Bill would double penalties in employee misclassificationsNews added by Benefits Pro on December 9, 2013

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By Dan Cook

Employers who use workers they classify as contract laborers, freelancers, casual workers, contract employees — or independent contractors by any other name — may want to monitor the progress of a new bill in the U.S. Senate.

Dubbed the Payroll Fraud Prevention Act of 2013, Senate bill 1687’s aim is to take another jab at employers who may be improperly classifying employees as non-employees.

This has become a cause celebre over at the U.S. Department of Labor, where suspicious minds are on the lookout for true employees who are being under-compensated due to misclassification.

Writing for his law firm’s blog, John E. Thompson, partner at Fisher & Phillips, warns that this bill, if enacted, would require employers to send a somewhat detailed notification to workers who are non-employees.

Failure to follow through would lead to substantial penalties, he writes. “S. 1687 would among other things make it a freestanding violation of the federal Fair Labor Standards Act ‘to wrongly classify an employee ... as a non-employee,’” he writes, taking language from the bill.

The bill “would require that an employer or other person subject to the FLSA both ‘accurately classify’ a worker as being either an employee or a ‘non-employee’ and give the individual written notice of this classification. Absent the notice, a worker would be presumed to be an employee; the presumption could be rebutted only ‘through the presentation of clear and convincing evidence,’” Thompson says.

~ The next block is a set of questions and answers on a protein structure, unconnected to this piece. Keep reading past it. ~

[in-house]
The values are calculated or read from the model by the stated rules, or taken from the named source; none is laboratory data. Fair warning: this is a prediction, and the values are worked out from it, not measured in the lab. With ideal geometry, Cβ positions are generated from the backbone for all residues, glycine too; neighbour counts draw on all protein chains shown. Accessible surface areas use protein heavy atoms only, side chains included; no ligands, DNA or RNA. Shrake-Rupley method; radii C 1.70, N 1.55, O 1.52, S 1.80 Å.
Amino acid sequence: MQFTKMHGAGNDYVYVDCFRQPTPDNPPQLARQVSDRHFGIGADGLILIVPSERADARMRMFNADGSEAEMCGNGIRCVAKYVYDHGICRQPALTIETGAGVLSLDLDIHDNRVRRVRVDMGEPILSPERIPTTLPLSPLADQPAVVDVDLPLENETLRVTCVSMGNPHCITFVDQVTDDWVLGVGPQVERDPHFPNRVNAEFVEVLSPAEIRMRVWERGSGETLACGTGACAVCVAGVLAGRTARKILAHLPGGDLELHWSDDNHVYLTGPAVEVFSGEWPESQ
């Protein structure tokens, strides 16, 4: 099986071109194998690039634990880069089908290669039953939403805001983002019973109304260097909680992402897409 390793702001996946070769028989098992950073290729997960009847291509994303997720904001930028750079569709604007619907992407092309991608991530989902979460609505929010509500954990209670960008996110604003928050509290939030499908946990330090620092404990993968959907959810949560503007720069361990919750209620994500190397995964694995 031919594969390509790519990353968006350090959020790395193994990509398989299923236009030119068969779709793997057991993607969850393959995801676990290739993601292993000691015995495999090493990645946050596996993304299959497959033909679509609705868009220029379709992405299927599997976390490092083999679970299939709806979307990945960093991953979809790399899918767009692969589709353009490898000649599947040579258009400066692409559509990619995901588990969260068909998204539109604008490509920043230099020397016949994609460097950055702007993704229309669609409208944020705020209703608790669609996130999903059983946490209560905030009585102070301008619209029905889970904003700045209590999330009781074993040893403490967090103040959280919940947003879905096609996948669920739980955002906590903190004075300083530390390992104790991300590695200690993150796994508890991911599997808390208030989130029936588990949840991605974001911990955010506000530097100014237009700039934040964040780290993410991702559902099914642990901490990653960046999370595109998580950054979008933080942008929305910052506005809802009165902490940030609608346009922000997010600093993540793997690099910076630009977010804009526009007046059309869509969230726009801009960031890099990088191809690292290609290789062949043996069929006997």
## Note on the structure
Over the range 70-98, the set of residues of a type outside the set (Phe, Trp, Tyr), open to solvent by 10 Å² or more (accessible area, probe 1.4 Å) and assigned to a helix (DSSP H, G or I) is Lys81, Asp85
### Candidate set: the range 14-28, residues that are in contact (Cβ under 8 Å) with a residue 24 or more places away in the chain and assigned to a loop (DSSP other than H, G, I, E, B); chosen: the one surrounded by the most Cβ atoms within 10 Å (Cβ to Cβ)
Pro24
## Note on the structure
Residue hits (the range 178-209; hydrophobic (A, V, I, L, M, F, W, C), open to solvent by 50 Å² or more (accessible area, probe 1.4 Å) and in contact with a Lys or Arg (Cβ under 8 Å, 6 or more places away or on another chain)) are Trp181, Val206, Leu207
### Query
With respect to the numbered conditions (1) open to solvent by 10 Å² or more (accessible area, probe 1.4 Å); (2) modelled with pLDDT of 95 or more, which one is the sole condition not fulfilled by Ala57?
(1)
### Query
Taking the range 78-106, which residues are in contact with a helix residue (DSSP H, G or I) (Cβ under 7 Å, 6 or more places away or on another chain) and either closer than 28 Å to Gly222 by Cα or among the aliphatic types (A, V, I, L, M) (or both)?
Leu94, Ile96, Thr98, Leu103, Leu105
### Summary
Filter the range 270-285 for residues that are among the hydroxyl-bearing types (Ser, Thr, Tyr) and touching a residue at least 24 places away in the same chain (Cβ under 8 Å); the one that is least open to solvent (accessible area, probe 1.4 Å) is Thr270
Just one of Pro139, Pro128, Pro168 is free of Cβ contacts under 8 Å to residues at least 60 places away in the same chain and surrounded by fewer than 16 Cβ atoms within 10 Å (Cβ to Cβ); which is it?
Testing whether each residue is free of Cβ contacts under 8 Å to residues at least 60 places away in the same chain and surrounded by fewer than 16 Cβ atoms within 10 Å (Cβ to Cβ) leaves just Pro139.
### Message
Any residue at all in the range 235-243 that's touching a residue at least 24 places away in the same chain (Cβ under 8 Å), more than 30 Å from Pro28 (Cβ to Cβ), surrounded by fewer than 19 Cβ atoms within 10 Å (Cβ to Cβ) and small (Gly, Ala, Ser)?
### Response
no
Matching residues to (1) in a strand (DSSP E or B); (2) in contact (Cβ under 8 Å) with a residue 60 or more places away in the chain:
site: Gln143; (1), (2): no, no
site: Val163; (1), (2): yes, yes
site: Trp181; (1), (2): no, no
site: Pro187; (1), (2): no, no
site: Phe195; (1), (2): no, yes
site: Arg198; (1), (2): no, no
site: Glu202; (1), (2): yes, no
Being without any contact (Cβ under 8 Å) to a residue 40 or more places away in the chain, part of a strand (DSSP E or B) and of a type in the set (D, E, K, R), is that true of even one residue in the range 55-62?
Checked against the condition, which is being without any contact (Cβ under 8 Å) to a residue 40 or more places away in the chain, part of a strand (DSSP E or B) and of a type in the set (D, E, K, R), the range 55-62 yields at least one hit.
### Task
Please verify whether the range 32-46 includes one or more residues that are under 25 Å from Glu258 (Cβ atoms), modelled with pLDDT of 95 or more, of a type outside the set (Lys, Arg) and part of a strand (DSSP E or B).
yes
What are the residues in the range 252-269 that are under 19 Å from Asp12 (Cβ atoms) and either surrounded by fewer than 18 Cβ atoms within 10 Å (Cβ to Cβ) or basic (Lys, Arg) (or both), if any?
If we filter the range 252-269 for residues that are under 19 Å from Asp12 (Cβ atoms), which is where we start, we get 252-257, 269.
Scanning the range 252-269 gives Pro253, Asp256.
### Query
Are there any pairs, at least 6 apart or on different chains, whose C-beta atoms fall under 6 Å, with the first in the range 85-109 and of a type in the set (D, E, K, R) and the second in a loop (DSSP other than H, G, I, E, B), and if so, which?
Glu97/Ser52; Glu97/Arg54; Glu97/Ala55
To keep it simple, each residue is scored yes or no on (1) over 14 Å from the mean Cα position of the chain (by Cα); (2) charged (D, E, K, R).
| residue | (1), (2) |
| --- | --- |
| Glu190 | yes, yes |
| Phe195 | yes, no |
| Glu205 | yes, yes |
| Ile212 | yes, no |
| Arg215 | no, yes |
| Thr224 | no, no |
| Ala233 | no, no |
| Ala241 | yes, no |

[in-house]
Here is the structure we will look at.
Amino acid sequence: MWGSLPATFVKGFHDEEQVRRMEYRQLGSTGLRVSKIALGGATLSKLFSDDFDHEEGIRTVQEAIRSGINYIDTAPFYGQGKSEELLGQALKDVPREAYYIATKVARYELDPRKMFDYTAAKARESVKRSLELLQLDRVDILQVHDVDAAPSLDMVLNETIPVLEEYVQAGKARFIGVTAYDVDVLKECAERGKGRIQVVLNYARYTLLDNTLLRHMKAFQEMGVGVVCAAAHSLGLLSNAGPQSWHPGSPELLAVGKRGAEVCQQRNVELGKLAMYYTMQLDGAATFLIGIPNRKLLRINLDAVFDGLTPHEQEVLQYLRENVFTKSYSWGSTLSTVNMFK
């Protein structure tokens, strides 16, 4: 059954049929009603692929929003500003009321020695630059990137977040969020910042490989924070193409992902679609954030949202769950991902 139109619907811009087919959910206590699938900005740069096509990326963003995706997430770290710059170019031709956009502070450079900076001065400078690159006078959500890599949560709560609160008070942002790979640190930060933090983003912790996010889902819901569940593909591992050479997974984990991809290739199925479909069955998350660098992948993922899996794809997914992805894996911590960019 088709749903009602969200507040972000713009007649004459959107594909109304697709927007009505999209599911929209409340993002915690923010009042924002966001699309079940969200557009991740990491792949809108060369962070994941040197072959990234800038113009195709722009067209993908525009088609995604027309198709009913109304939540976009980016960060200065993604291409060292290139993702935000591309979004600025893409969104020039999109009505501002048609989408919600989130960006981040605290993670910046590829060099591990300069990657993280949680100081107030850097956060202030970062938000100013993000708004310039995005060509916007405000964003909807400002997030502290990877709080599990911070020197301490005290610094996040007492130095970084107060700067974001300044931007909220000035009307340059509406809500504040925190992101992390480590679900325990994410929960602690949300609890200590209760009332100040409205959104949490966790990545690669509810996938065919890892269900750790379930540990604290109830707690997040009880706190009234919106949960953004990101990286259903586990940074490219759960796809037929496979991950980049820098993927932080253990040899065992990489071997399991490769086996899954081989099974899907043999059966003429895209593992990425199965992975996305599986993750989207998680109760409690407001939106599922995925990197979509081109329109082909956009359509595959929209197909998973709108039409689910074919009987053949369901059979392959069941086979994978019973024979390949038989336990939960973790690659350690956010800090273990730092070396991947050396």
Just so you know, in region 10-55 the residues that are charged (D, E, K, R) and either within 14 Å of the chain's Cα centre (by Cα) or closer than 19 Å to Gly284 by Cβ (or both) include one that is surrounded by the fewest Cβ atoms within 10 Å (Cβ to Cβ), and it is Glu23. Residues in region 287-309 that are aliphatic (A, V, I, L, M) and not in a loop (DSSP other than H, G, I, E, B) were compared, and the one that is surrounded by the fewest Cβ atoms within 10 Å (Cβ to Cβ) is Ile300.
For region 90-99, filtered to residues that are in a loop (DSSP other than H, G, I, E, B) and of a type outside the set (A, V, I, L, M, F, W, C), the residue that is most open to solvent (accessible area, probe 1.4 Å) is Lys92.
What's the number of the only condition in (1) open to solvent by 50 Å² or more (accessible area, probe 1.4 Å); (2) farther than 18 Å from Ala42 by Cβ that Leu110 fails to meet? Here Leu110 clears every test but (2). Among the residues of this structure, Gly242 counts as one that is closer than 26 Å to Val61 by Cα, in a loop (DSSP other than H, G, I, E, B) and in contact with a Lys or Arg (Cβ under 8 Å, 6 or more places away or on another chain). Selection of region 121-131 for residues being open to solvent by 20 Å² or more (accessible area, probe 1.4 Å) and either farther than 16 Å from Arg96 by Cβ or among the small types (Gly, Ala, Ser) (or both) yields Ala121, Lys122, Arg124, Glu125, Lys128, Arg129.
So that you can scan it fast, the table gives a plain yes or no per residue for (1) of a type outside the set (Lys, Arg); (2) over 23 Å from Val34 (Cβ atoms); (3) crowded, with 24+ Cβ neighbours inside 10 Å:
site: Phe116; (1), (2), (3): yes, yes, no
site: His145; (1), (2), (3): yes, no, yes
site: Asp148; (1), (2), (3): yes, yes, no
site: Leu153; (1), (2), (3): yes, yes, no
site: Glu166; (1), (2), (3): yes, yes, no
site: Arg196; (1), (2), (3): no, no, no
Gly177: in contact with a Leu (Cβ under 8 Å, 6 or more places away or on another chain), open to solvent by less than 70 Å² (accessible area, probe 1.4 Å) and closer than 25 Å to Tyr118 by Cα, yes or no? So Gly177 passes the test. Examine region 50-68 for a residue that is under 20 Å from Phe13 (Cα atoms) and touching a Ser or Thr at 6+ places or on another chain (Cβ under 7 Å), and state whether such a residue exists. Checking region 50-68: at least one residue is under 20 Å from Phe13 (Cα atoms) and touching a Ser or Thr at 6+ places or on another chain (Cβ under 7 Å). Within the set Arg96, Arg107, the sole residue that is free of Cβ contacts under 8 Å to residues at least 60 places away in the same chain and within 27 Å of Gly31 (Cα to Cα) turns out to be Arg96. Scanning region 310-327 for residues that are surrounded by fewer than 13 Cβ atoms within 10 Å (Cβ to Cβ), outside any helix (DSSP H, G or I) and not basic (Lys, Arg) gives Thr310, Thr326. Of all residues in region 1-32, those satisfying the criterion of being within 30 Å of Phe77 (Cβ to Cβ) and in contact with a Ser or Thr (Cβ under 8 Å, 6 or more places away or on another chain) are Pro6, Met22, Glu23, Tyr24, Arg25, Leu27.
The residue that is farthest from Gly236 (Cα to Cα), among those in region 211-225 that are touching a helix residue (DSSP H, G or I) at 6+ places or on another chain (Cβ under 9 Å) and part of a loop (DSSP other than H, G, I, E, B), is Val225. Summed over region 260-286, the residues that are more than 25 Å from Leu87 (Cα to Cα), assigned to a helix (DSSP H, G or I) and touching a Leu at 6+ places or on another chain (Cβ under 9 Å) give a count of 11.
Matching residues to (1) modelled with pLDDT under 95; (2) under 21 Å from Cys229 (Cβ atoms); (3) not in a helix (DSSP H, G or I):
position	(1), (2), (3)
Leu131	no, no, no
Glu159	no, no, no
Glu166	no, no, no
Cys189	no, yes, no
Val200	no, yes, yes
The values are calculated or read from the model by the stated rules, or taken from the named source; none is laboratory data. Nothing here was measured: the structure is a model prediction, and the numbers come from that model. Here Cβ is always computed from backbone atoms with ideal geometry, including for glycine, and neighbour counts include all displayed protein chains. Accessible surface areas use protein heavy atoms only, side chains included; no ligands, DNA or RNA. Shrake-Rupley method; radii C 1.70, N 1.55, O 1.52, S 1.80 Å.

The employer’s notice to workers covered by the bill would include the following:
  • Direct the individual to a U.S. Labor Department website also provided for in the bill;
  • The address and telephone number of the local USDOL office;
  • A prescribed rights-related statement.
Penalties for violations will be double the amount that had been assessed for similar Fair Labor Standards Act misclassification violations in the past, Thompson advises.

If an employer is found to be in violation under Senate bill 1687 of minimum-wage and/or overtime underpayments, “then the additional, equal amount normally imposed as FLSA liquidated damages for those violations would itself be doubled. Moreover, the bill provides for a civil money penalty of up to $1,100 as to each affected individual; the per-person maximum would rise to $5,000 in the case of a repeated or willful violation,” he says.

More alarming, Thompson notes, is that civil penalties would be in effect “simply because an individual was erroneously classified as a non-employee, because the classification was not done, or because the required notice was not given, without regard to whether any of these things also resulted in an FLSA minimum-wage or overtime violation.”

He notes that the DOL would be targeting “certain industries” where the classification issue has come up before.

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